TCGA analysis reveals potential cervical cancer therapeutic targets
medwireNews: A comprehensive genomic and molecular analysis of cervical cancers provides insight into potential therapeutic targets and identifies distinct molecular subtypes of the disease.
Using whole-exome sequencing, the researchers analyzed 192 samples from women with cervical cancer naïve to radiotherapy or chemotherapy, and identified 14 significantly mutated genes, of which SHKBP1, ERBB3, CASP8, HLA-A, and TGFBR2 had not been previously associated with cervical cancer.
They also detected amplifications involving the CD274 and PDCD1LG2 genes, which code for the immune checkpoint proteins PD-L1 and PD-L2, respectively, and BCAR4, a long noncoding RNA that promotes metastasis in breast cancer via the HER2/3 pathway and can be targeted indirectly by lapatinib.
These findings provide “rationales for developing clinical trials to treat populations of cervical cancer patients with distinct therapies,” say Akinyemi Ojesina (University of Alabama at Birmingham, USA) and fellow members of The Cancer Genome Atlas (TCGA) Research Network.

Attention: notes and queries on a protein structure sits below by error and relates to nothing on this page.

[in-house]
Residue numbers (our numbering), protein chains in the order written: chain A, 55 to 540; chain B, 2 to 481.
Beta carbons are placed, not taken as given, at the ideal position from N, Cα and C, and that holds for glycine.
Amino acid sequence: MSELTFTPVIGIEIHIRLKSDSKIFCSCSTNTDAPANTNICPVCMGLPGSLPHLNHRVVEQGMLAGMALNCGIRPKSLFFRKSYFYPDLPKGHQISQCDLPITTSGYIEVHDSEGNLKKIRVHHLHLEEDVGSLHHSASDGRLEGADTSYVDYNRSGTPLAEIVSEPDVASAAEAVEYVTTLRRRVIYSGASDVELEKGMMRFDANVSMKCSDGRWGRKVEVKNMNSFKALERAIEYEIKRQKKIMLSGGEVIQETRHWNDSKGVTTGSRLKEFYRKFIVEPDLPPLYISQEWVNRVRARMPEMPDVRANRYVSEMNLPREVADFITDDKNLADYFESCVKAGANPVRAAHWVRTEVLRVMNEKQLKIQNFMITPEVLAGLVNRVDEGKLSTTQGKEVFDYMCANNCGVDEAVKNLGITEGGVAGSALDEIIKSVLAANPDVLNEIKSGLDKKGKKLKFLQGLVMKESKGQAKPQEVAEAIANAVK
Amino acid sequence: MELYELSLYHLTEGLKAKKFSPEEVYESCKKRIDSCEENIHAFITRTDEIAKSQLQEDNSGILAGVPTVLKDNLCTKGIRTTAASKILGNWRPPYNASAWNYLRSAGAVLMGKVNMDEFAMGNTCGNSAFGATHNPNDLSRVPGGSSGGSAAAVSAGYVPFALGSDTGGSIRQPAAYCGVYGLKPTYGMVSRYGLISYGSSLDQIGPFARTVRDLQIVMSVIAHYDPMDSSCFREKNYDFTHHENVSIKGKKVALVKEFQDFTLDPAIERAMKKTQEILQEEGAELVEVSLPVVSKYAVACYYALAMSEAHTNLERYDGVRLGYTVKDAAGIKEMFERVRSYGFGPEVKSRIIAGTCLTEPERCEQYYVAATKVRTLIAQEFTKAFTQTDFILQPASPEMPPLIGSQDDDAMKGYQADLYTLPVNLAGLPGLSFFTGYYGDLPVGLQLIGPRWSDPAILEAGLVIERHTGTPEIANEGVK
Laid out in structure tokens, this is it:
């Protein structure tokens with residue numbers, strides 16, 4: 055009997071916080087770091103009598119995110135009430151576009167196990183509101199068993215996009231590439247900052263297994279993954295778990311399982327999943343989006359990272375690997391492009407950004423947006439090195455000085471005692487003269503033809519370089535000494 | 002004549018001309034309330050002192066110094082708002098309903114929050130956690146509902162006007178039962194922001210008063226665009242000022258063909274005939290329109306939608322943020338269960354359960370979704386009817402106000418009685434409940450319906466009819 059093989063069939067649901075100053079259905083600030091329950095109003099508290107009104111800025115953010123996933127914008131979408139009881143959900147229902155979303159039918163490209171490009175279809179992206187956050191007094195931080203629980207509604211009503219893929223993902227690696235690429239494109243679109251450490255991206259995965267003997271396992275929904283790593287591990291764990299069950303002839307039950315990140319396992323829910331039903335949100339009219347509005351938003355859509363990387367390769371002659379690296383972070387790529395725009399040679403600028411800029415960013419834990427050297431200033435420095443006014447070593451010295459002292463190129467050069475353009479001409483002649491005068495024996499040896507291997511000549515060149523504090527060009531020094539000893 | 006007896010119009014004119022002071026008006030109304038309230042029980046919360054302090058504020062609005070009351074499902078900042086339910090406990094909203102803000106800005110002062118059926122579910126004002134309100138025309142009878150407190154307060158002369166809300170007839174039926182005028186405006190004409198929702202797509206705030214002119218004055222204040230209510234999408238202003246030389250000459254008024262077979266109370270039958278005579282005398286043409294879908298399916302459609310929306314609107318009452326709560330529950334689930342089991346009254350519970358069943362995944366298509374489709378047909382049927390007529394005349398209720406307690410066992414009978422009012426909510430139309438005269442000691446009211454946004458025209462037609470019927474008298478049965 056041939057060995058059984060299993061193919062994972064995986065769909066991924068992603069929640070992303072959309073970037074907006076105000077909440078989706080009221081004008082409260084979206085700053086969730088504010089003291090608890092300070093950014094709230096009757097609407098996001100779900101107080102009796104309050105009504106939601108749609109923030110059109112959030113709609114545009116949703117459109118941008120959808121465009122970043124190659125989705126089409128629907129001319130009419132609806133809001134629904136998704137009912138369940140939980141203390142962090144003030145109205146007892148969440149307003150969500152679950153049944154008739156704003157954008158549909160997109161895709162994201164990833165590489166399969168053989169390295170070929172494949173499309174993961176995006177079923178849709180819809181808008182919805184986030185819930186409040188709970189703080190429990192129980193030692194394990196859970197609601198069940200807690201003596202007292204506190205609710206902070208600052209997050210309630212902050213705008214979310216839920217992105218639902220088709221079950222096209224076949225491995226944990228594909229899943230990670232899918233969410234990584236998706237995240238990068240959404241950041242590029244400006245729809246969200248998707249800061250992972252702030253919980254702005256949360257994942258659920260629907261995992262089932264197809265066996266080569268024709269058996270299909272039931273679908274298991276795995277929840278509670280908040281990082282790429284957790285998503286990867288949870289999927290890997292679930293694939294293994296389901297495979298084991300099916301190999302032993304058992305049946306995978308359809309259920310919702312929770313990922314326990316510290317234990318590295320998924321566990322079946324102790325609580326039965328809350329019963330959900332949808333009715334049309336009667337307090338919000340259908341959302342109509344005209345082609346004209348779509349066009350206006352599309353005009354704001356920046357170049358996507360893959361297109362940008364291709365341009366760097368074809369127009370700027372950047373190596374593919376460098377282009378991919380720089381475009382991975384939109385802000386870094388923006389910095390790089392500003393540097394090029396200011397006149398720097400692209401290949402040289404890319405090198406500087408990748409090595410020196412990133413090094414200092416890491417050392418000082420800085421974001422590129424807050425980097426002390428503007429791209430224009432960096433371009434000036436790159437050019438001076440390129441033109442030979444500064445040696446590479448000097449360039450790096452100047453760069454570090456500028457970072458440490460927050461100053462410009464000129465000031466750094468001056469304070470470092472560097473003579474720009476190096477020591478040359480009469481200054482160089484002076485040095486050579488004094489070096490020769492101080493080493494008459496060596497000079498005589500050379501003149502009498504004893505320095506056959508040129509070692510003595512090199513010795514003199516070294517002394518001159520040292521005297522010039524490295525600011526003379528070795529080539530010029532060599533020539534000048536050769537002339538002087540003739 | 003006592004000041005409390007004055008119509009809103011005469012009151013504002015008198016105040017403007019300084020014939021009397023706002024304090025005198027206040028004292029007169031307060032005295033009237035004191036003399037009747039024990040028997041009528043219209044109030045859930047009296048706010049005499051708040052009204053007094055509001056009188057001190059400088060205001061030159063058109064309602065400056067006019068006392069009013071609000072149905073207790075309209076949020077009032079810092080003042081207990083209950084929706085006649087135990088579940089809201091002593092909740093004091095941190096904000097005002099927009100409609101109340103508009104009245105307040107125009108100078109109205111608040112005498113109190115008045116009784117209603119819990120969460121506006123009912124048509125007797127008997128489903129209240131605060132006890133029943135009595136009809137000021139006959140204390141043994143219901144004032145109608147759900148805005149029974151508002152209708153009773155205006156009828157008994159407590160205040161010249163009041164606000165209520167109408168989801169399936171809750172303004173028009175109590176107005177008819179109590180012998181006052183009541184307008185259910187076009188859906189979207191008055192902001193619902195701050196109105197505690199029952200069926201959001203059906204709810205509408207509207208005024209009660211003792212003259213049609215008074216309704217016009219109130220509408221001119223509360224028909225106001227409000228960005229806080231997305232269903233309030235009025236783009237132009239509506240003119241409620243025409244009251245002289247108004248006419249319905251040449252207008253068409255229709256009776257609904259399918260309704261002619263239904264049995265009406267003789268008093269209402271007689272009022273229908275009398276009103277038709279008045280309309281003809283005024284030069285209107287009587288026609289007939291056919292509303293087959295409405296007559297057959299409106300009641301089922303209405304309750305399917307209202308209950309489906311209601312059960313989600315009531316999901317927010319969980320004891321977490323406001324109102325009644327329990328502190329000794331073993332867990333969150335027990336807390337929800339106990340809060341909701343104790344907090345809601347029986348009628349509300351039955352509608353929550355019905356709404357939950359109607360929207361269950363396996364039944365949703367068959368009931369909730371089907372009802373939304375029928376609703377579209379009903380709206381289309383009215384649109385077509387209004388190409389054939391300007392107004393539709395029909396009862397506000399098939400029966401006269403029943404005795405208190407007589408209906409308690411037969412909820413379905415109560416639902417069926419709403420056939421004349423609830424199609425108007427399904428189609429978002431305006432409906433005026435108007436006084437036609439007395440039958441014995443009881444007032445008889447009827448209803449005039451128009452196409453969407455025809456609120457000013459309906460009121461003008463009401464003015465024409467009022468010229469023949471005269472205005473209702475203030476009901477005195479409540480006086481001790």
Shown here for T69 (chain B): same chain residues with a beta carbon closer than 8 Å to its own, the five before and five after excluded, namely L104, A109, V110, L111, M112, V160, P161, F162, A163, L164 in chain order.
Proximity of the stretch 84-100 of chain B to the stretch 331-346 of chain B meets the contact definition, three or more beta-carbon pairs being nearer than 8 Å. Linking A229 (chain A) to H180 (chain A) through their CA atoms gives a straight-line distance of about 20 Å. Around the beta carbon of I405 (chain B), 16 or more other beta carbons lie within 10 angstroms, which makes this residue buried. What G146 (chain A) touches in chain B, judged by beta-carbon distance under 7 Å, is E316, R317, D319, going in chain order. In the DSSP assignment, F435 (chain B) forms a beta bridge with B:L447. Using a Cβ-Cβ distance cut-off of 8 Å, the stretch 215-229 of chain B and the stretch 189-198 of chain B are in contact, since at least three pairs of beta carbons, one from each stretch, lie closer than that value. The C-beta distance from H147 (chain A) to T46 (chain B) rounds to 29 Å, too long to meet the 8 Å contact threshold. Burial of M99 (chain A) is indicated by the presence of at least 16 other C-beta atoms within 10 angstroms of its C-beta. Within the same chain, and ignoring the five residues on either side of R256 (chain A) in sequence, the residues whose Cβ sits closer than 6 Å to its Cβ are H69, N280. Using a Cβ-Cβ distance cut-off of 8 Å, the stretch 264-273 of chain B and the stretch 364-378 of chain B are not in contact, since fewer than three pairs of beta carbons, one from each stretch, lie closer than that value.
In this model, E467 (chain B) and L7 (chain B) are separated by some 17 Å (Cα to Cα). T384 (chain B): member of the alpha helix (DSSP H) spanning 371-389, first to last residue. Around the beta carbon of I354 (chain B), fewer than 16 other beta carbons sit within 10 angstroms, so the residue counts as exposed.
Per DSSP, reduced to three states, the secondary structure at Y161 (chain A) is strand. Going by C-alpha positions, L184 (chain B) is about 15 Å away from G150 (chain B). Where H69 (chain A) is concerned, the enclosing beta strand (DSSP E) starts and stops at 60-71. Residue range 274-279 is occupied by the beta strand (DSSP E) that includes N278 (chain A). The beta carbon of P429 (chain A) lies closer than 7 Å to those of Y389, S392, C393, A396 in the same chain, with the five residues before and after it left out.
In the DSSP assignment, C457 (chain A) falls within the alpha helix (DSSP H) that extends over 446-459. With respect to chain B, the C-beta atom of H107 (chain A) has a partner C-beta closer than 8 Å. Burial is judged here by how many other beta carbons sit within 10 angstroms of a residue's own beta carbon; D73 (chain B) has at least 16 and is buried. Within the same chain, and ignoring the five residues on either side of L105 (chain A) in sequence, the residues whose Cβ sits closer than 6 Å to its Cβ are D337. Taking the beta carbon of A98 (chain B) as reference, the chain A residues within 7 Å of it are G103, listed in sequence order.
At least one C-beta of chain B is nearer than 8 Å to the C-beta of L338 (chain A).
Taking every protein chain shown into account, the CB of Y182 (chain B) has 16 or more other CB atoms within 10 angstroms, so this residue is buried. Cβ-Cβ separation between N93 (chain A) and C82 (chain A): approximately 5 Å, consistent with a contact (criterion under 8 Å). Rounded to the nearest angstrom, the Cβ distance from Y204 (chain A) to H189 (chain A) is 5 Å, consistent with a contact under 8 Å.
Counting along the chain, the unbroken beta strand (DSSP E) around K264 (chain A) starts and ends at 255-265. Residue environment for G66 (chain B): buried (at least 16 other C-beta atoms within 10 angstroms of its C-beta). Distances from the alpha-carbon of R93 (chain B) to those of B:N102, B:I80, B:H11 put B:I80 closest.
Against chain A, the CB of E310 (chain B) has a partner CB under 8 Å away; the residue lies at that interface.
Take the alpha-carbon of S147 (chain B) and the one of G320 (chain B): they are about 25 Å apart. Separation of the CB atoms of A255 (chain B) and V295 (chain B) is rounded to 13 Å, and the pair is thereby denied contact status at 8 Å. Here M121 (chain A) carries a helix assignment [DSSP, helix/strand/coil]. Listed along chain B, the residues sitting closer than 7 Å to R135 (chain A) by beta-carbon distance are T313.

Integrated analyses of a subset of 178 specimens showed that cervical carcinoma could be classified into three subtypes, namely, squamous with high expression of keratin gene family members, squamous with low expression of these genes, or adenocarcinoma-rich. As reported in Nature, these subgroups have distinct patterns of somatic alterations, and are associated with different human papillomavirus features.
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